How to Remove Set Red Wine Stains From Cotton

by MiShaun Taylor

Red stains in cotton are one of the things most individuals try desperately to avoid. The reason is because they are notoriously difficult to remove. When the stain is set (from being dried in the dryer or because the stain is old), it's even more difficult.

Items you will need

  • Cold water
  • Laundry soap
  • Hydrogen peroxide
  • Lemon juice
  • Vinegar
Step 1

Soak the cotton in cold water. Cold water should be applied to the stain as soon as possible. Run a sink full of cold water and allow the cotton to soak for a few hours. This will weaken the hold the red substance has on the fibers of the cotton and make it easier for you to get the stain out. Do not dry the cotton yet---even if it has been dried already. That will only set the stain and make it even more difficult to get out.

Step 2

Create a stain remover.There are a few different homemade stain removers that work wonders on red stains---even if they're set. Mix equal parts of hydrogen peroxide and concentrated laundry soap and rub it into the stain. Allow the homemade stain remover to saturate the stain and soak for about 30 minutes. Another great stain remover is lemon juice or equal parts of vinegar and water. Each of these removers should be allowed to soak for half an hour.

Step 3

Rub the stain. Once you've allowed your homemade stain remover to soak for 30 minutes, rub the fabric that contains the stain back and forth on itself. This will further loosen the hold the stain has on the cotton fibers. See if the stain is lifting at all--it may be lighter than it was or it may be removed completely.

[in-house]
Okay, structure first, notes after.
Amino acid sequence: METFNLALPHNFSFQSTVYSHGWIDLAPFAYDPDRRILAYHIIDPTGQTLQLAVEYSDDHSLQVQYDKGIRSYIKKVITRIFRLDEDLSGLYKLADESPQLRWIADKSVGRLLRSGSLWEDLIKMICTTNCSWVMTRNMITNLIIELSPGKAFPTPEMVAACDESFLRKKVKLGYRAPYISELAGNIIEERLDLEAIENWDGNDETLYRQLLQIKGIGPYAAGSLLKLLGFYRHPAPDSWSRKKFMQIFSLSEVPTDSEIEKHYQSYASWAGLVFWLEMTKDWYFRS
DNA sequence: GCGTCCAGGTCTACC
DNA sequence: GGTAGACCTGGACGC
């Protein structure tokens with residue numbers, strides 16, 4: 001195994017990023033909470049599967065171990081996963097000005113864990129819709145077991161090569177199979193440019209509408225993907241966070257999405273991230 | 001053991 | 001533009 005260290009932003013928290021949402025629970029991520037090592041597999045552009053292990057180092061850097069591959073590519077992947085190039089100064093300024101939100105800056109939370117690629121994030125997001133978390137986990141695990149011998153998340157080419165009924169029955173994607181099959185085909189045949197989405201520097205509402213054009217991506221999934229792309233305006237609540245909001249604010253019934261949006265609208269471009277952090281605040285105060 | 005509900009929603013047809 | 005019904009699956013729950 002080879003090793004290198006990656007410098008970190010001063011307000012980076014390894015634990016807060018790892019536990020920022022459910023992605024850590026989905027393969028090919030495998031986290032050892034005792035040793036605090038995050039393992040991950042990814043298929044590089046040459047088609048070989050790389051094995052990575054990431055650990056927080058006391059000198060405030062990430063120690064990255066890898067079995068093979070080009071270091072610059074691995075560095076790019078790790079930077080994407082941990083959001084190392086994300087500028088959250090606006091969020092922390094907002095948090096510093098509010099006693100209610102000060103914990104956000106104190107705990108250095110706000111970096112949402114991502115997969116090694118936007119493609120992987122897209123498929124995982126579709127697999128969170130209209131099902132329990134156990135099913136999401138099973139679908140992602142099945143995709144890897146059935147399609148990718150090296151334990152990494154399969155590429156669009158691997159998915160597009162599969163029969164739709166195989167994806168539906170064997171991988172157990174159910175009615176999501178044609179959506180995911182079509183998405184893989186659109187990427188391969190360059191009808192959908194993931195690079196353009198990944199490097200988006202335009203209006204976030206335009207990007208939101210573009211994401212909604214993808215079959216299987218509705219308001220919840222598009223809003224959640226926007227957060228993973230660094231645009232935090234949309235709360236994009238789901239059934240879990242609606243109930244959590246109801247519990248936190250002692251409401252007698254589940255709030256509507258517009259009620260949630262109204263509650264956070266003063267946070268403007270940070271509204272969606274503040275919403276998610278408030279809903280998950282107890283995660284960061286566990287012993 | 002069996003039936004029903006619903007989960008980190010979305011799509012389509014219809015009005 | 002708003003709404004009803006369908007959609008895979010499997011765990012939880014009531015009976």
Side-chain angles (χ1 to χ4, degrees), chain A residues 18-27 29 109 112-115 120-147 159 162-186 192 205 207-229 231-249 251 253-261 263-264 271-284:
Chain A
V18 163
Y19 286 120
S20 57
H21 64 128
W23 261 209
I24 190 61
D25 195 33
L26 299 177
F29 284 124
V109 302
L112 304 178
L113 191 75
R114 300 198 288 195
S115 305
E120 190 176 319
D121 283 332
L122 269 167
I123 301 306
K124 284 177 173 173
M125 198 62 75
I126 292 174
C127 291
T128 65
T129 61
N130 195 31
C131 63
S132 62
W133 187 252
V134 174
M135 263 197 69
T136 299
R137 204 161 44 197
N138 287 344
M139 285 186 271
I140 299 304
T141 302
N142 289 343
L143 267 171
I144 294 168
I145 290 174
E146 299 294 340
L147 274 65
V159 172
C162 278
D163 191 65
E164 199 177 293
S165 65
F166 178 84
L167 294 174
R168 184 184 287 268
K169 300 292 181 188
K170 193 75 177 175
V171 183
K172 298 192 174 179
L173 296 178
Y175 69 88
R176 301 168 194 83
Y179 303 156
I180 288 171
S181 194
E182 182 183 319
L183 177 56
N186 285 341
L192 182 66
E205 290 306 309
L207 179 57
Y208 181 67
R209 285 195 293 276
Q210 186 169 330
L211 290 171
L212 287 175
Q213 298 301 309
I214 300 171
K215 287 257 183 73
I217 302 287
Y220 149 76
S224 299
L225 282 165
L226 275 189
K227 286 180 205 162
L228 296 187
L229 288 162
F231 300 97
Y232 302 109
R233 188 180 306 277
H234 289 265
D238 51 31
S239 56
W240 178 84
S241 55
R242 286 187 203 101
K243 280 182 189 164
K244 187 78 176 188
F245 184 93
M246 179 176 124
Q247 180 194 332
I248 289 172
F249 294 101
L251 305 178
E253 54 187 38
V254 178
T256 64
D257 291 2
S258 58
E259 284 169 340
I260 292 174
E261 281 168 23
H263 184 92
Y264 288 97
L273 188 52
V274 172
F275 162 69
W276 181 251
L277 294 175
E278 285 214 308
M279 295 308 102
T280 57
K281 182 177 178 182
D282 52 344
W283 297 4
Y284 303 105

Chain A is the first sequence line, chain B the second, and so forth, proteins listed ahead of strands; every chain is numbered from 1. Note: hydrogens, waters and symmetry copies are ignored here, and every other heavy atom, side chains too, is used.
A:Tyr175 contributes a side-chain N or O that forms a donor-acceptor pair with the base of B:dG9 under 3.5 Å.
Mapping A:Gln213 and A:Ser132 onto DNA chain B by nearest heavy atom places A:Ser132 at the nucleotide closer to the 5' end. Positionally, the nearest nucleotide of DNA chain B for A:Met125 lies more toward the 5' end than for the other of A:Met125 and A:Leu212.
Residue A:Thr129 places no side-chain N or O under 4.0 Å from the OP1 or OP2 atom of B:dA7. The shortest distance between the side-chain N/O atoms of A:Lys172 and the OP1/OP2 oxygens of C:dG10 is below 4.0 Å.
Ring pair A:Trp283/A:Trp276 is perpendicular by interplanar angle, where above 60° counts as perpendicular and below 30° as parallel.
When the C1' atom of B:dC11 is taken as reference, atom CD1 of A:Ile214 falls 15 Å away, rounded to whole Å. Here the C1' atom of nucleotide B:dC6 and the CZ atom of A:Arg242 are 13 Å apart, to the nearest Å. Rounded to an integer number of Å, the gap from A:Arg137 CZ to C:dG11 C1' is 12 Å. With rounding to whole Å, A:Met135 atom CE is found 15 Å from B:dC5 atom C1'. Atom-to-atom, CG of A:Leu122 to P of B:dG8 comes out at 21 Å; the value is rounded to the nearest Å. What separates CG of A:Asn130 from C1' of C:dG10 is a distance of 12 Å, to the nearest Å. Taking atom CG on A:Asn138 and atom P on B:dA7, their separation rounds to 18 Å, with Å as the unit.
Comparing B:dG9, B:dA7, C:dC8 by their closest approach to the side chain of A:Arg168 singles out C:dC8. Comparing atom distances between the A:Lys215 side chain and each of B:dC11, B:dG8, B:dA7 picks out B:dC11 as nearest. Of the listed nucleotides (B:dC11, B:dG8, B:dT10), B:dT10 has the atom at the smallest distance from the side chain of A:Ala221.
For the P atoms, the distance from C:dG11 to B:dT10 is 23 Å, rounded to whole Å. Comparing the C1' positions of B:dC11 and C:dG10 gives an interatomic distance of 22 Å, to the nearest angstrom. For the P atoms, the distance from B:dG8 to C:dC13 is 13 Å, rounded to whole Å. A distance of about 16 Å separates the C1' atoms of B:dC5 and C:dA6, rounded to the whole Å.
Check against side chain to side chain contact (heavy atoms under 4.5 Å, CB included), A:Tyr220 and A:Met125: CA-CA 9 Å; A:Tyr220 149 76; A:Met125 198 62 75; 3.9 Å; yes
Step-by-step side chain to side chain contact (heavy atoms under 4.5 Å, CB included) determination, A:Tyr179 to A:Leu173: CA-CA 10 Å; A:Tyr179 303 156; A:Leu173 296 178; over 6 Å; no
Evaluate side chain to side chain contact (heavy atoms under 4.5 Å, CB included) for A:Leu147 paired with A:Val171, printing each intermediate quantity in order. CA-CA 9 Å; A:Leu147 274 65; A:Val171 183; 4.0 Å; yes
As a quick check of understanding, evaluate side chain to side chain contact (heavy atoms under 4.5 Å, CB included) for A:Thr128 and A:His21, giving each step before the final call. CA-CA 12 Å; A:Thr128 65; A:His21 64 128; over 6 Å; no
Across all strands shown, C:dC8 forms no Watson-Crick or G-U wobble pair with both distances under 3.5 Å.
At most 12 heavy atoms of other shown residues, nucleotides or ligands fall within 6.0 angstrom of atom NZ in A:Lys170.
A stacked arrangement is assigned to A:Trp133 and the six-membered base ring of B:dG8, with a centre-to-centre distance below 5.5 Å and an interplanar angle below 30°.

Step 4

Rinse the fabric. Rinse the fabric thoroughly in clean, cold water after you have agitated and worked the stain. At this point, if the stain is still present, you may want to apply more of your homemade stain remover and allow it to soak for another 30 minutes.

Step 5

Wash the fabric in cold water with your regular laundry detergent. When the wash is finished, check the fabric for the stain. If the stain is gone, you can go ahead and dry the fabric. However, if the stain is only lighter or is not removed at all, you will need to repeat steps 1-4 again. If the stain is particularly stubborn, you may need to repeat this process several times before the stain is actually gone. Using the steps above, you can effectively remove a set red stain from a garment or piece of fabric.

About the Author

With more than 15 years of professional writing experience, MiShaun Taylor specializes in legal- and wedding-related articles. Her work has appeared in "Pediatrics for Parents," "ISBA News" and Recipestoday.com. Taylor holds a Bachelor of Arts in English from the University of Illinois and a Juris Doctorate from the Chicago-Kent College of Law.